I haven't thought to tell anyone that specifically!!! I will do so from now
on. I just had one the other day, maybe I should call him?!!!



From: UVM Flownet [mailto:[log in to unmask]] On Behalf Of Lisa Mekenas
Sent: Friday, October 21, 2005 11:01 AM
To: [log in to unmask]


On another but related note.

 This week we had 2 patients have PE from calf vein thrombus. However if
someone-their GP or the reading Radiologist or-had mentioned to the patient
not to massage their leg-they could have gone on with the aspirin or lovenox
treatment and been fine.

Both of these patients said they had their spouses give them a "deep
massage" of the calf and then had the SOB.


The first thing I say to anyone who I see thrombus  in -"no massages" - that
goes for sclero patients as well. Sounds simple -not really "medical advice"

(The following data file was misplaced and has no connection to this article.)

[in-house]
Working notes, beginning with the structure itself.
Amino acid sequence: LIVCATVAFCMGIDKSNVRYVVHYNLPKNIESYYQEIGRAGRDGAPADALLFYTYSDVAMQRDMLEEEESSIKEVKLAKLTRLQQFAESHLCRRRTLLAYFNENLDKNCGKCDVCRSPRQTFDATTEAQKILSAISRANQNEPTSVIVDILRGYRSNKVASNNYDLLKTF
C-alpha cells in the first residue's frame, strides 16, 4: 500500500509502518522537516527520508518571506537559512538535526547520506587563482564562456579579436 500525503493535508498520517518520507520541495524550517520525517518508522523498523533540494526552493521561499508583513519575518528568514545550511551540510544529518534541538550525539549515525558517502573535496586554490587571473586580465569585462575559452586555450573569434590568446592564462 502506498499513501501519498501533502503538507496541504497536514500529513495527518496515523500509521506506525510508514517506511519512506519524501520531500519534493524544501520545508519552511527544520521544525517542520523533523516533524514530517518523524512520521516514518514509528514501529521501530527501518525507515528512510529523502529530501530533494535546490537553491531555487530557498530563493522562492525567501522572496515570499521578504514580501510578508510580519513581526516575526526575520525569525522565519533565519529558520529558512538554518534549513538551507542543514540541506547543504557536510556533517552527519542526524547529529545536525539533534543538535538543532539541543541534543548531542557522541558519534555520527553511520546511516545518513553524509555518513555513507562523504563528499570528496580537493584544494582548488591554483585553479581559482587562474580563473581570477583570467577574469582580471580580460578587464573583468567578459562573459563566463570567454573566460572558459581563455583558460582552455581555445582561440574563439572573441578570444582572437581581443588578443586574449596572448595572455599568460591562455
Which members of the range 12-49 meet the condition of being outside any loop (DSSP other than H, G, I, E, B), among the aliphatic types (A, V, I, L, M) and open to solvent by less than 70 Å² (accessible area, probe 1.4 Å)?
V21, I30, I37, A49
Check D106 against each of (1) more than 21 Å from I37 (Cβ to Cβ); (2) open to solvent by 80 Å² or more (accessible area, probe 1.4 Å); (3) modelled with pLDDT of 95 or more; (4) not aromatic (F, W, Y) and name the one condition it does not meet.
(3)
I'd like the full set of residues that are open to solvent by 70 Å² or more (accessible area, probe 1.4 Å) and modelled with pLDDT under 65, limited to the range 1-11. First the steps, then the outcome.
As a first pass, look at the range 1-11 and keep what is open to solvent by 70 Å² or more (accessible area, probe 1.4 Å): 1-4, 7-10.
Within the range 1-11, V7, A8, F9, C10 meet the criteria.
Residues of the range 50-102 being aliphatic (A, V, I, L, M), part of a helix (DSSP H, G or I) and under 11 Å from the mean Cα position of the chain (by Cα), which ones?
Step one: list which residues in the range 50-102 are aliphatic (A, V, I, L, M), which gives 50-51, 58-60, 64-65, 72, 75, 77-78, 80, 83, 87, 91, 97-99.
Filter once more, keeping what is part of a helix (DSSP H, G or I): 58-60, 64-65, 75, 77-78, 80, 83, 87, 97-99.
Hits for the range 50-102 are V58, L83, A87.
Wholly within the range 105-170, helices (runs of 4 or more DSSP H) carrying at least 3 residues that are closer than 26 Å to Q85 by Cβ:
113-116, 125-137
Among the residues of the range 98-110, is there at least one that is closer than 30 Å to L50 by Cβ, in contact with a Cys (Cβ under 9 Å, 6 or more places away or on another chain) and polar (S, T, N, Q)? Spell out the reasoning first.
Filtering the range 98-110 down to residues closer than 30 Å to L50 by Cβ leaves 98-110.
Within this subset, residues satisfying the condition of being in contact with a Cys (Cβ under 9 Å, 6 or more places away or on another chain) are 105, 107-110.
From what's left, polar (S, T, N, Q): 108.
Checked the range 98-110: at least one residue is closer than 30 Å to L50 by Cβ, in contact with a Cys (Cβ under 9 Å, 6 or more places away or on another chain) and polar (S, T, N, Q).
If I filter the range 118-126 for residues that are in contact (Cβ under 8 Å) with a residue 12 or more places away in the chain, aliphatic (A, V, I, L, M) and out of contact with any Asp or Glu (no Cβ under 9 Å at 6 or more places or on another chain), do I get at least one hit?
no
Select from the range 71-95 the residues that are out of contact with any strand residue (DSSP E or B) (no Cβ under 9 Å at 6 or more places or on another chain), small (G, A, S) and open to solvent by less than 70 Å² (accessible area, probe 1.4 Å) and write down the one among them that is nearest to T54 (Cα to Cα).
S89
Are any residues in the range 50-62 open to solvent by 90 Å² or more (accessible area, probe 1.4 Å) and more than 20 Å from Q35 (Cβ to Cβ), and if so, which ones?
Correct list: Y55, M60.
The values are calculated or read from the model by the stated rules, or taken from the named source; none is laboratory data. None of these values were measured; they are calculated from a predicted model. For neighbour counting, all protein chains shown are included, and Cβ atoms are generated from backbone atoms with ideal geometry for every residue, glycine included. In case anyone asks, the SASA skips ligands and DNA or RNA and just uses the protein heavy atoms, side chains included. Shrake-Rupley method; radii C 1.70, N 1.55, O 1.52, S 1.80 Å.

but common sense. 

One of the patients was seen in a Op Rad unit where the tech took "a long
time" on the leg-and told her "she was an expert at calf veins"-The report
read to be "superficial calf vein thrombus, could be in the soleal or
gastroc vein"

(Gastrocs have arteries Soleal veins don't-Look to the Peroneal vein if you
have a soleal vein thrombus-gastrocs look to trunk vessels or pop for
propagation.) (Unfortunately 2nd pt may have Prostate CA)

Calf vein thrombus significant source of PE? Our experience: not unless the
patient gets a massage.

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